[CentOS-mirror] rsync lock files

Fri Mar 8 19:09:30 UTC 2019
David Richardson <david.richardson at utah.edu>

I'm quoted! I'm famous! :)

There's two parts to what was quoted below:

1) Use flock to make sure you only have one update running. It'll do the
    right thing if something happens and the job exits abnormally. Someone
    else has already written a tool, so use their work instead of
    reinventing it yourself.

2) Tune vm.vfs_cache_pressure. In my experience, this makes the operations
    where you care about interactive performance (ls, du, find, rsync
    updates from upstream) MUCH faster, and has little impact on
    bulk-transfer performance.


David Richardson <david.richardson at utah.edu>
Center for High Performance Computing
University of Utah

On Fri, 8 Mar 2019, Dattatec Mirrors wrote:

> El Viernes 08/03/2019 a las 04:42, Patrick Shaw escribió:
>> Hi,
>> Does anyone have some examples of lock scripts/files for rsync? Due to
>> slow international performance in this country I'm regularly seeing
>> overlapping rsyncs, I need to get that locked down ASAP.
>> Patrick
> Hi, I'd advise against using a lock file as f your scripts dies for whatever
> reason, the lock file might linger around and prevent future rsyncs from
> running.
> Let me qoute a mail from David Richardson to Fedora's mirror mailing list with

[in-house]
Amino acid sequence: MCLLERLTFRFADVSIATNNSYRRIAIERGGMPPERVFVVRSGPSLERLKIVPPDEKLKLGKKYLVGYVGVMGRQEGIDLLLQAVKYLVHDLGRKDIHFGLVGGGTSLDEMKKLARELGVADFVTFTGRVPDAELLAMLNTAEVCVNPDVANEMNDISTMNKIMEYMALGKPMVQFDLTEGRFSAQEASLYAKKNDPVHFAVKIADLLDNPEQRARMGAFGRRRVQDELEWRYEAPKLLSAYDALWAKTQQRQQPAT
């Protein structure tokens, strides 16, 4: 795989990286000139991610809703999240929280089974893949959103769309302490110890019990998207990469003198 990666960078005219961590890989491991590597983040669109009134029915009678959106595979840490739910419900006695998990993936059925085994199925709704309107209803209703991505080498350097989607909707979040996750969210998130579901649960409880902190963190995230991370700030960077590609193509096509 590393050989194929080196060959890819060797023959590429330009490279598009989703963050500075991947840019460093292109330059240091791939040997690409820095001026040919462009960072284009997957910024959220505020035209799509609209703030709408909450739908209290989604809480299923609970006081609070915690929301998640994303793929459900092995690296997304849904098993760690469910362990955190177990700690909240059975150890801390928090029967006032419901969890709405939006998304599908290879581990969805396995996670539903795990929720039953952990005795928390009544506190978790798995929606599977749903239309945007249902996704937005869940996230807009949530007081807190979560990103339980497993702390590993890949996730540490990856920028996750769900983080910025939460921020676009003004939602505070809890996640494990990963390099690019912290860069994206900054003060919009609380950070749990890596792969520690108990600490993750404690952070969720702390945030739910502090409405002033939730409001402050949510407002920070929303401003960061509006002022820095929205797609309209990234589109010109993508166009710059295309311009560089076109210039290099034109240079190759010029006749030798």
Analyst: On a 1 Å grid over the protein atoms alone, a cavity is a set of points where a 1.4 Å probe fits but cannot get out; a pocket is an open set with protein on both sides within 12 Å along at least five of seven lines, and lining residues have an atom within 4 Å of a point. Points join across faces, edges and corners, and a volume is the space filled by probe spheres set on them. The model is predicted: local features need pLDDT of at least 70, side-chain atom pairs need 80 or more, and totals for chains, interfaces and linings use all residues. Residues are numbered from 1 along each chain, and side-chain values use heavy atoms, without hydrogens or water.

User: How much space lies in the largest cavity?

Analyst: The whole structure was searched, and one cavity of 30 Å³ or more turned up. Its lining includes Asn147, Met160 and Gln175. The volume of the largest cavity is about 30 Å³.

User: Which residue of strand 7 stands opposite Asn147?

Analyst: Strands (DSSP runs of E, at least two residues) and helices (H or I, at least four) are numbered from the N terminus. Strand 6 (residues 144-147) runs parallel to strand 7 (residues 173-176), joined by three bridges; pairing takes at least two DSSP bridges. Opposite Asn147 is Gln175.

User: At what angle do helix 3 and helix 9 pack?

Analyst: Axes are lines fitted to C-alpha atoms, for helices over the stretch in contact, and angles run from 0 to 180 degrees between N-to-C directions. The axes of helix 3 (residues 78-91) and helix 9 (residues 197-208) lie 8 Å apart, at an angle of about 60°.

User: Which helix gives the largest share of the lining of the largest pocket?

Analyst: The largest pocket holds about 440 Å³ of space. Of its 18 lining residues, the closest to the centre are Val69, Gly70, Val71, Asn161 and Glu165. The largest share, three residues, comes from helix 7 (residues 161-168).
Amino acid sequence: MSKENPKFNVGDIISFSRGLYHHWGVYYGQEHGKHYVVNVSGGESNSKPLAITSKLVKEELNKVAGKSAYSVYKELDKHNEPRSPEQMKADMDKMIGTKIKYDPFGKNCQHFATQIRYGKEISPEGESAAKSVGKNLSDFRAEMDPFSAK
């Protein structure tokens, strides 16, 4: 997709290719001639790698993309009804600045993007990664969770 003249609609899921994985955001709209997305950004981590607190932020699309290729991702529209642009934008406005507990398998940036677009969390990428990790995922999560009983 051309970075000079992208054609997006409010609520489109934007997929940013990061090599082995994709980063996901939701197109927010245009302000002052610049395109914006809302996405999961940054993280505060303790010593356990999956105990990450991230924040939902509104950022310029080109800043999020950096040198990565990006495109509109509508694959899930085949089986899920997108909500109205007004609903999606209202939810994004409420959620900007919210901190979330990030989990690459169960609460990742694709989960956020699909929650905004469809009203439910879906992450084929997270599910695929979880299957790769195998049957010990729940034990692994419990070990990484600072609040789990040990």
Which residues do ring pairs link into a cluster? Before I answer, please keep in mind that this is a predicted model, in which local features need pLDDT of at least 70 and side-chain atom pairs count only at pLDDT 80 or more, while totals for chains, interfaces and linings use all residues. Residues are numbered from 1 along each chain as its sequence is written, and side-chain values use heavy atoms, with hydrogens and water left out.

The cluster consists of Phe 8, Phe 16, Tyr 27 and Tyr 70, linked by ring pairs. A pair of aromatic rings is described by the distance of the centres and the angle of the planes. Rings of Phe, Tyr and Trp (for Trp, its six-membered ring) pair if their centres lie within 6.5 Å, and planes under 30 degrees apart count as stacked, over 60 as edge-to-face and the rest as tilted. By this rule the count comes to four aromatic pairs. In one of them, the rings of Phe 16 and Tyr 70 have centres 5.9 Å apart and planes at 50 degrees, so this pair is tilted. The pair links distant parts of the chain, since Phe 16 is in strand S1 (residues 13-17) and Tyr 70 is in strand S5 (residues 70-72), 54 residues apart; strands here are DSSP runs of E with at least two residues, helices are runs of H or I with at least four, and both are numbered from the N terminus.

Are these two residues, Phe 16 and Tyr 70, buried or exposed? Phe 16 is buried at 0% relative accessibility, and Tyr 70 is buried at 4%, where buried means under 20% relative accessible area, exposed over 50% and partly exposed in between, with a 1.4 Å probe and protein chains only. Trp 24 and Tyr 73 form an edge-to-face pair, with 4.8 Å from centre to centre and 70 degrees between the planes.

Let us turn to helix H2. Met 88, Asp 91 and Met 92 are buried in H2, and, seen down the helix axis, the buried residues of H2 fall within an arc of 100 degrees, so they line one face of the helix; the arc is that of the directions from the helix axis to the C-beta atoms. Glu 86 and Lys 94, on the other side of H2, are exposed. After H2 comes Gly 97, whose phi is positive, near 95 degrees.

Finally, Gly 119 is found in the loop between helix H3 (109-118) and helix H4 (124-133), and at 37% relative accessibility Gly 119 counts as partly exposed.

> an alternative involving flock (last part) and some more general tips that
> might be useful for mirror admins:
> "I had the same problem you did with rsync taking forever (and find, and ls,
> and httpd).
> Changing the sysctl vm.vfs_cache_pressure made a night-and-day difference
> (default is 100, I set it to 10).
> vm.vfs_cache_pressure controls caching of inode data versus file contents.
> The default (and centerpoint) is 100. Values less than 100 favor inode data,
> values greater than 100 favors file contents. Do NOT set it to zero.
> My understanding that if you set it to zero, bad things will happen and you
> will eventually OOM.
> With this change, all my metadata stays in cache. I have two million inodes in
> use, and this setting costs me about 4GB of RAM. A no-change Fedora rsync
> takes 20 seconds for 425GB of content in 950k files (I exclude development
> and SRPMS).
> I use --delete to handle the .~tmp~ directories. If one of my runs aborts, the
> next run will clean up after it.
> My script is basically rsync wrapped with flock (rather than trying to cobble
> together a lock-file system).
> The 200 in the flock command (and again at the end) is just a filehandle
> number; it doesn't really matter what it is, as long as nothing else uses it.
> The file name at the end also doesn't much matter. The file needs to be
> writeable (or creatable if it doesn't exist), but nothing is written to it.
> There's also no need to remove it afterwards.
> (
> flock -n 200 || { echo "Script is already running. Aborting." ; exit 1 ; }
> # ... commands executed under lock ...
> /usr/bin/rsync --progress -aHv --update --delete --delete-excluded \
> --delete-after --delay-updates rsync://your/source /your/dest/path
> /usr/bin/report_mirror
> ) 200>/tmp/lock.update-fedora
> ### SCRIPT ENDS ###
> Hope you find this useful!"
> BR,